Kid Rock, Ozzy Osbourne 'Rally for Sanity' in D.C.
Cable television's talking heads were the primary targets of Saturday's Rally for Sanity which drew tens of thousands of people to Washington, D.C. From video montages of news programs' doomsday prophecies to introducing citizens who remained "rational" under pressure, hosts Jon Stewart and Stephen Colbert repeatedly went after the media's extremist positions.
Stewart said, "We live now in hard times, not end times." He continued, "The country's 24-hour [news cycle] did not cause our problems but its existence makes solving them that much harder. If we amplify everything, we hear nothing."
The rally's themes of unity, comedy and tolerance were reinforced with a slew of musical guests like Yusuf Islam (formerly known as Cat Stevens), Kid Rock and John Legend.
Backed by the Roots' house band, Islam sang his 1971 hit "Peace Train" but was interrupted by Colbert, who introduced Ozzy Osbourne. The rocker launched into "Crazy Train," and went back-and-forth with Islam until they were both sent off stage by the O'Jays and "Love Train."
The proceedings began with introductions from Stewart and Colbert, followed by a benediction by Don Novello as his Saturday Night Live character Father Guido Sarducci, who when comparing Muslims and Jews said, "They don't eat pork, you don't eat pork, let's build on that."
Billed as "the most reasonable seeming man in America," Law & Order star Sam Waterston read a tongue-in-cheek poem credited to Colbert that included lines like "Did you hear that? No? You're probably going deaf. It's your kids back home cooking up crystal meth."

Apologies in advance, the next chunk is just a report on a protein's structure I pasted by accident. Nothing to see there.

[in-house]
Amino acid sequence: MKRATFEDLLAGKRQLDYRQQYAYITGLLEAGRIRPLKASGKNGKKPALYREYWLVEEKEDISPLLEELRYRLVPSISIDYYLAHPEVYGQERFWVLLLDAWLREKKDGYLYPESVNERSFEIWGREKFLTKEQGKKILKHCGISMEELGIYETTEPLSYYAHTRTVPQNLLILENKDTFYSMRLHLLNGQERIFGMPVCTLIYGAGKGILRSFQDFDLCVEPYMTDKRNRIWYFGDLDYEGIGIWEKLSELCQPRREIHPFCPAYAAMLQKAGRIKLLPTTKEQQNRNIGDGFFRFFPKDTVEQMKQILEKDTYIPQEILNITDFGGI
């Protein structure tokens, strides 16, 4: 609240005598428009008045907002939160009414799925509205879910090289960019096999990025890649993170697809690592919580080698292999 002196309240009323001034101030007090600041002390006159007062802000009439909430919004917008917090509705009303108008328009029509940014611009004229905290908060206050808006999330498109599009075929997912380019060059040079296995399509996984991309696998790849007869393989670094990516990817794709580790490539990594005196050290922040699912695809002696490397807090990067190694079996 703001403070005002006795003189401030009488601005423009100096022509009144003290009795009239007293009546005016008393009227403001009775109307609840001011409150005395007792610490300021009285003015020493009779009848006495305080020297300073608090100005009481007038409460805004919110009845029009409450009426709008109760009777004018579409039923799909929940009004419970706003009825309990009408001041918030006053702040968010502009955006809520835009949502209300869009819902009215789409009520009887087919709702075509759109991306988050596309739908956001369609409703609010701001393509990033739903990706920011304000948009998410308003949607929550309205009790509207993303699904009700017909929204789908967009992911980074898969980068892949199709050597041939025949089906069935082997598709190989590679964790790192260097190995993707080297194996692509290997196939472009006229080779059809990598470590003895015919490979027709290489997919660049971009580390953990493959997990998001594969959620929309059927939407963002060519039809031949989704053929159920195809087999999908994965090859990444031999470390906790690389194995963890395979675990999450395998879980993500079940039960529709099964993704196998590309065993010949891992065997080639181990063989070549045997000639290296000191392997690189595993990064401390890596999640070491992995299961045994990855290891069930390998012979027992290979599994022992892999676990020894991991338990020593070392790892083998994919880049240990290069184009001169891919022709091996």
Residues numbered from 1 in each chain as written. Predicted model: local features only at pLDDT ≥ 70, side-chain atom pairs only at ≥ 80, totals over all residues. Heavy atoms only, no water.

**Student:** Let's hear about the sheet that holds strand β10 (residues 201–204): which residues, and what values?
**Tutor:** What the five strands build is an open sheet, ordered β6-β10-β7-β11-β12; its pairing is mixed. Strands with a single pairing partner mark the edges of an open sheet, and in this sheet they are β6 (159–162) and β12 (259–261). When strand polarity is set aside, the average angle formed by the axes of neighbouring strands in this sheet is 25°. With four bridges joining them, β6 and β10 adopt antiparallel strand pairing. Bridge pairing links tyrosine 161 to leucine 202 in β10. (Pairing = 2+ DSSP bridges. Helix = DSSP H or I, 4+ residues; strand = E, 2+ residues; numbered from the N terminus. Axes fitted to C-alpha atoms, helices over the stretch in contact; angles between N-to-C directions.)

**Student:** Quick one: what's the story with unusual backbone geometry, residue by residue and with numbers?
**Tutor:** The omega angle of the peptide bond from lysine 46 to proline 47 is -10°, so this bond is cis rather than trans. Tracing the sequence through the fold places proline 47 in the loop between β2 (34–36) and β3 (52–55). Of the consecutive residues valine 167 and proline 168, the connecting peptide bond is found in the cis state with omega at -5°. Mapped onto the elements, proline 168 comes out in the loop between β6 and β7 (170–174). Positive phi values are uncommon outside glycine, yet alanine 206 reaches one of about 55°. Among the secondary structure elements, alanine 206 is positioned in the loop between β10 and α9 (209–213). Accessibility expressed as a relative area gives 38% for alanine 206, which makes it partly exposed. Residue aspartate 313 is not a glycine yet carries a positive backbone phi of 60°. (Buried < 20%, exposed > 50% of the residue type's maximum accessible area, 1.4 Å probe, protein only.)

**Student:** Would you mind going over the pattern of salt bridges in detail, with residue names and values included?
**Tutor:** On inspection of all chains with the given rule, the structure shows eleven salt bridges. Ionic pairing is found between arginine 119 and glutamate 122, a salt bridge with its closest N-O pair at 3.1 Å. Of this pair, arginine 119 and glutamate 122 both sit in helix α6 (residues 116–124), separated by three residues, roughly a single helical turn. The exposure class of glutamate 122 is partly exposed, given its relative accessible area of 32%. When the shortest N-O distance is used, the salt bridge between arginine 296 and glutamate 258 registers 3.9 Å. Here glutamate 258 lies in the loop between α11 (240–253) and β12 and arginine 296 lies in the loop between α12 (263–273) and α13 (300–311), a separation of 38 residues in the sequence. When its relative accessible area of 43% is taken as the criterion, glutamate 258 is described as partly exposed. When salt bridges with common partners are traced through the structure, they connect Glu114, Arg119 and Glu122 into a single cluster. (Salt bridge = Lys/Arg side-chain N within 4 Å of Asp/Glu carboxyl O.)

Musical guests included Mavis Staples and Wilco's Jeff Tweedy performing "You're Not Alone," and Kid Rock and Sheryl Crow singing an original song by Rock, which included a green screen appearance by T.I.
NBA great Kareem Abdul-Jabbar also made an appearance.
Stewart gave medals of reasonableness to Armando Galarraga, the Detroit Tigers pitcher who forgave the umpire who blew his perfect game this summer, wrestler Mick Foley, Velma Hart, for a civilized exchange with President Obama during a town hall meeting, and Jacob Isom, the Texas man who snatched a Koran from the hands of an evangelist preacher intending to burn it.
Colbert handed out "Fear" Awards to Anderson Cooper's tight black t-shirt, Facebook founder Mark Zuckerberg, and news organizations like National Public Radio, ABC and the New York Times who banned employees from attending the rally.
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